1. Gather your materials and go to the experimental area as directed by your instructor. Begin your data collection once instructed to do so, recording the data in your table. Record any issues or other observations that come up.

Note: Do not destroy or discard your measuring devices – we'll need them later!

1. What was the biggest limitation of the devices you used to collect your data?

Class Discussion:

1. Typically students find that they get different values for the three trials for each person. There are two types of error involved in making measurements -
2. Instrumental: errors caused by the measurement tool itself.
3. Operational: errors caused by the person using the measurement tool.

Describe one example of each type of error involved in your data collection, and the impact this error had on your results.

Practice Problem: (Use a separate sheet of paper, answer using COMPLETE SENTENCES!)

1. Alexia and Brian used a marble timer to measure time. They released a marble at the top of a ramp and counted one unit of time, “1 ramp” when the marble hit the ground. They split up the length of the ramp by four as shown to determine ¼, ½, and ¾ of a ramp if the marble only reached partway down.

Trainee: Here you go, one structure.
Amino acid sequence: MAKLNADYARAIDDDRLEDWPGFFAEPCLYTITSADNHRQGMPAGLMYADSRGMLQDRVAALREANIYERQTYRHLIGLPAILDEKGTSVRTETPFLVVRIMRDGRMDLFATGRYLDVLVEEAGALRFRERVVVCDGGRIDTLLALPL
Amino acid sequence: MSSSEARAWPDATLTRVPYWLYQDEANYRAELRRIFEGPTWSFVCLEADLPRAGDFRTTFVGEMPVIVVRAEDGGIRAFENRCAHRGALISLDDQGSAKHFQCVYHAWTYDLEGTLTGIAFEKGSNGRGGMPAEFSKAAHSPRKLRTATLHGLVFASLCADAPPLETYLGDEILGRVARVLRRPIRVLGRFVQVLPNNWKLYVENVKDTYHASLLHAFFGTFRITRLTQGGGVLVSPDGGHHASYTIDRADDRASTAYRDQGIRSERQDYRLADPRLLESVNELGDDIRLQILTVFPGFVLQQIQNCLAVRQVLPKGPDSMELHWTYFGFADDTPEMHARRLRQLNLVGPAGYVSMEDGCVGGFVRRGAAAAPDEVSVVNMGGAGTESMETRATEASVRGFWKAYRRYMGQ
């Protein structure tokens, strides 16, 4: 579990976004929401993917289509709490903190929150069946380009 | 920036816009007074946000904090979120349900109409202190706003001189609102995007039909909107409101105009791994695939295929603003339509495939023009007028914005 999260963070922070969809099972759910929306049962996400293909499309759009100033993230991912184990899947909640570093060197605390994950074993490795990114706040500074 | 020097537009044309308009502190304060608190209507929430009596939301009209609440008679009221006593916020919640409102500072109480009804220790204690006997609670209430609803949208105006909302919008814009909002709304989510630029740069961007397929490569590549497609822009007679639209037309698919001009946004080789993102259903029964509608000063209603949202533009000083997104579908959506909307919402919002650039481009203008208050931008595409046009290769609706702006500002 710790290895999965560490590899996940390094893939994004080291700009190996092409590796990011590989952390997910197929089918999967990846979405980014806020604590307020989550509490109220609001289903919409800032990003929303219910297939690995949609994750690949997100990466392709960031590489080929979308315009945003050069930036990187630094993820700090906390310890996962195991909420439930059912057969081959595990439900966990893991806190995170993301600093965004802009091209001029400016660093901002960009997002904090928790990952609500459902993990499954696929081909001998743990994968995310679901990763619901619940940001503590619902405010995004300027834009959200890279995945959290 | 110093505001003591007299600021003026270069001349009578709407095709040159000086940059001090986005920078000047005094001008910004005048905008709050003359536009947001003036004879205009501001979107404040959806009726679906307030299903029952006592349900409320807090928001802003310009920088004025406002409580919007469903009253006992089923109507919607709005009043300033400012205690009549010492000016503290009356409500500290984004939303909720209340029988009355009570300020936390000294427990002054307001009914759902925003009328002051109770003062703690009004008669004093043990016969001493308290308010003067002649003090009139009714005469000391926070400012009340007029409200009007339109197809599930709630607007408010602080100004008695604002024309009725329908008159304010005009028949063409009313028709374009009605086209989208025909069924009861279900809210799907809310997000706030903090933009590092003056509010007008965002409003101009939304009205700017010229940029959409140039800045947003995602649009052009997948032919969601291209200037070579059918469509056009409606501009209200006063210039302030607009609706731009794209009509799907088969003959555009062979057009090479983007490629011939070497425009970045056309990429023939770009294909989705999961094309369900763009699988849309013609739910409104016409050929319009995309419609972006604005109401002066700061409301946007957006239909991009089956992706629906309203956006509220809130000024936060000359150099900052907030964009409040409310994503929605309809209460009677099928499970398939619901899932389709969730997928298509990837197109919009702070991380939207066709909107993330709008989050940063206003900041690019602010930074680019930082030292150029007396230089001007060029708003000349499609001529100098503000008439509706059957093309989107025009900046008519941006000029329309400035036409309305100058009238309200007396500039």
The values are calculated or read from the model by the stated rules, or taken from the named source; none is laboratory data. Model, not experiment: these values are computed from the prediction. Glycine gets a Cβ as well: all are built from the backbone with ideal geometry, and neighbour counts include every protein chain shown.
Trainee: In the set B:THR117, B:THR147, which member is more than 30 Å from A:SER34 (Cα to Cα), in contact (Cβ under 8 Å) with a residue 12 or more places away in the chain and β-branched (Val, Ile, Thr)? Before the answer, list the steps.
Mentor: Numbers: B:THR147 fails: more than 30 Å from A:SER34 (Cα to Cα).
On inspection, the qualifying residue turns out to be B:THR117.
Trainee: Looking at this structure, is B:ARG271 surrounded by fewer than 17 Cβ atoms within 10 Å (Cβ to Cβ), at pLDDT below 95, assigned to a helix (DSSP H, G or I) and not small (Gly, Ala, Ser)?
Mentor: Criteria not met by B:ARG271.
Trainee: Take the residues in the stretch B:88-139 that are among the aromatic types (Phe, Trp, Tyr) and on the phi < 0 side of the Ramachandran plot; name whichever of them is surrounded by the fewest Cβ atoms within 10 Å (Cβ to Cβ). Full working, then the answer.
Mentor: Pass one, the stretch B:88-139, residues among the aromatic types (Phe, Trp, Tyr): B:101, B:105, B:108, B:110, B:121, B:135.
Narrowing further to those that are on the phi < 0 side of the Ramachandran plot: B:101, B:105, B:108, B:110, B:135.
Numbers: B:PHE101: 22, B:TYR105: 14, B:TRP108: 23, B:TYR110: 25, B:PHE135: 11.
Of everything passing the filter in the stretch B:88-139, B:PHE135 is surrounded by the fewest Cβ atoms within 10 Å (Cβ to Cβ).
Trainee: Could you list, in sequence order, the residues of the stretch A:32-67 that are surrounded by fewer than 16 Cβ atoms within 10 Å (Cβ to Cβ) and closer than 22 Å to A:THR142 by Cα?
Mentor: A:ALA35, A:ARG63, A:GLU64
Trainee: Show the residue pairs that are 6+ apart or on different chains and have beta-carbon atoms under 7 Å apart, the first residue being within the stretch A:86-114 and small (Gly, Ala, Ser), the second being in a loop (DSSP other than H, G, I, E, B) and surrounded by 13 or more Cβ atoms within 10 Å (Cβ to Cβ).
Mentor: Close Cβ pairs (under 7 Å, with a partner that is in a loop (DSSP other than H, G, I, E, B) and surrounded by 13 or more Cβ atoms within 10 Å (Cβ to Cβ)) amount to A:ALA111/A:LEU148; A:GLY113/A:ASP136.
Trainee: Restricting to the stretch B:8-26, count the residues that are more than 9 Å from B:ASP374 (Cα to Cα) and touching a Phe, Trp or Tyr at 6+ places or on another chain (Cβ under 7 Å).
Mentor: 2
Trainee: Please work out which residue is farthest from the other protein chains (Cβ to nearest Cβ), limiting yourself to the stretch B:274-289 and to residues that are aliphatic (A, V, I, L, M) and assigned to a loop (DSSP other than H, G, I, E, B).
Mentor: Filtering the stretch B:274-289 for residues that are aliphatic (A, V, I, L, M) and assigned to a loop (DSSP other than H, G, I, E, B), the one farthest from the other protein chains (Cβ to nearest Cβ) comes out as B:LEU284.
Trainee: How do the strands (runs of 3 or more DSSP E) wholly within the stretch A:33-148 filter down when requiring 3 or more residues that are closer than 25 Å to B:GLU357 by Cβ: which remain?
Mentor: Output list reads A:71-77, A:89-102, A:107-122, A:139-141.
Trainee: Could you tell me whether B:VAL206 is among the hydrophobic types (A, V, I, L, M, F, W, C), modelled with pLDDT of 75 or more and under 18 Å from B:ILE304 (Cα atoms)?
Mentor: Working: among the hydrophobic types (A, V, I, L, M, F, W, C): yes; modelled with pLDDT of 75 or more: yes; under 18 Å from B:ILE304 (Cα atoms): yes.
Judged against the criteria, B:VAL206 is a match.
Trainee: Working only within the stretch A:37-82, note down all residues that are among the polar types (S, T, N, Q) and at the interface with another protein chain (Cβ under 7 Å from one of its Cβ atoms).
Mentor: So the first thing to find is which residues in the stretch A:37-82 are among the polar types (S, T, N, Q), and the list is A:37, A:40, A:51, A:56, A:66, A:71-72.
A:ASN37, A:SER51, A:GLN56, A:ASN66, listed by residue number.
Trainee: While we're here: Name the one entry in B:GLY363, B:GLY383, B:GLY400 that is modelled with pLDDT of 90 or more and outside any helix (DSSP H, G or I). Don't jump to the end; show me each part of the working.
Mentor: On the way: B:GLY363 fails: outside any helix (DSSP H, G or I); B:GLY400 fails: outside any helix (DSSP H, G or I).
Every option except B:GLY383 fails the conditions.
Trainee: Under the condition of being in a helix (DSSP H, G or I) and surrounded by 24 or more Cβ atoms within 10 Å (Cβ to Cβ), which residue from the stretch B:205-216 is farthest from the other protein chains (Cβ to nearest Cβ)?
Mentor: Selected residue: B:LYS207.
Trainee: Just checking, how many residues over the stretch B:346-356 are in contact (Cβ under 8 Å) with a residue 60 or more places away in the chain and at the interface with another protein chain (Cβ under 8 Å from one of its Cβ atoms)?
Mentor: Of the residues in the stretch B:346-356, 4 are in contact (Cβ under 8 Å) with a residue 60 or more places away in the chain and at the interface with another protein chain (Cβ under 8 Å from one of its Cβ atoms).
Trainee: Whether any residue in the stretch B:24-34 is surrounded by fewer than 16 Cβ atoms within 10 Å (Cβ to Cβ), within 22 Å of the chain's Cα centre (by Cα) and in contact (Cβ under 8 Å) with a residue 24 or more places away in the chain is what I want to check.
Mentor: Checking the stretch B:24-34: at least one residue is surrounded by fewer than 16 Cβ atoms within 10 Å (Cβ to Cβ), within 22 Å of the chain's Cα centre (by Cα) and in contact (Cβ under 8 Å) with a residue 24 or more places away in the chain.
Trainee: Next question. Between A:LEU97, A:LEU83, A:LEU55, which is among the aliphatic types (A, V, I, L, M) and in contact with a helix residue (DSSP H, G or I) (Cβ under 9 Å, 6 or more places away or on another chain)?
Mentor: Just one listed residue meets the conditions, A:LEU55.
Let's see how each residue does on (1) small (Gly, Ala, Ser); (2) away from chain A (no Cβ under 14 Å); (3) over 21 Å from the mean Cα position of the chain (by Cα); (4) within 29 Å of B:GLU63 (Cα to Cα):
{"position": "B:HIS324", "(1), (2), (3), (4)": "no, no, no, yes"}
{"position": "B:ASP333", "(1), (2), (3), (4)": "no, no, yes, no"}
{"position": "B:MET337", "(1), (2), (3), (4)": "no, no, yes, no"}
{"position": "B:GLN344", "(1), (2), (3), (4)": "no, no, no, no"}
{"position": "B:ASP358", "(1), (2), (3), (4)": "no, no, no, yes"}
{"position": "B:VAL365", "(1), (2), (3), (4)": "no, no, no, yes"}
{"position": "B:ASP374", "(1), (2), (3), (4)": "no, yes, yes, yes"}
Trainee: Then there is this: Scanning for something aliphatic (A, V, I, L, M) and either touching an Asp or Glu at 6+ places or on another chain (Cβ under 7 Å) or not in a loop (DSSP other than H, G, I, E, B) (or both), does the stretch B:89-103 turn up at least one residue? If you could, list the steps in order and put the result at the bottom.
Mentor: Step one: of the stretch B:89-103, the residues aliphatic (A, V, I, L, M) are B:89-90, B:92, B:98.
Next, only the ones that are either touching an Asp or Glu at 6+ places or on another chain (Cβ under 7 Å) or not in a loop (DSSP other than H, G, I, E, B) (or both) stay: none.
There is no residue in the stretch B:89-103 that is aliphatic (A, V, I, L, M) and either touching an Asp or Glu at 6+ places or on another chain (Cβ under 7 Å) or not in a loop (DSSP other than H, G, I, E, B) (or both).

1. Describe one instrumental error associated with this device.
2. Describe one operational error that could arise when using this timer.

Day 4: Calculating Speed

Now that you have your data, you are ready to calculate the speed of each person in your team. As you may know, speed is the distance traveled per unit time. Mathematically, you can calculate the speed using the equation shown below:

s = average speed, d = distance, Δt = time

Solving Problems in Physics
In this course, we'll use GUIDE to solve problems and perform calculations. The table to the right summarizes the steps you'll follow when doing problems all year.
You can use GUIDE both vertically (as shown to the right) or horizontally as shown in the speed example below. / Problem Solving with GUIDE
Given / Assign variables to represent the given information. Sketch the situation.
Unknown / Assign a variable to the unknown information.
Identify Tools/formula / What concepts/equations will you use to solve the problem?
Do Math / Apply the tools and solve the problem.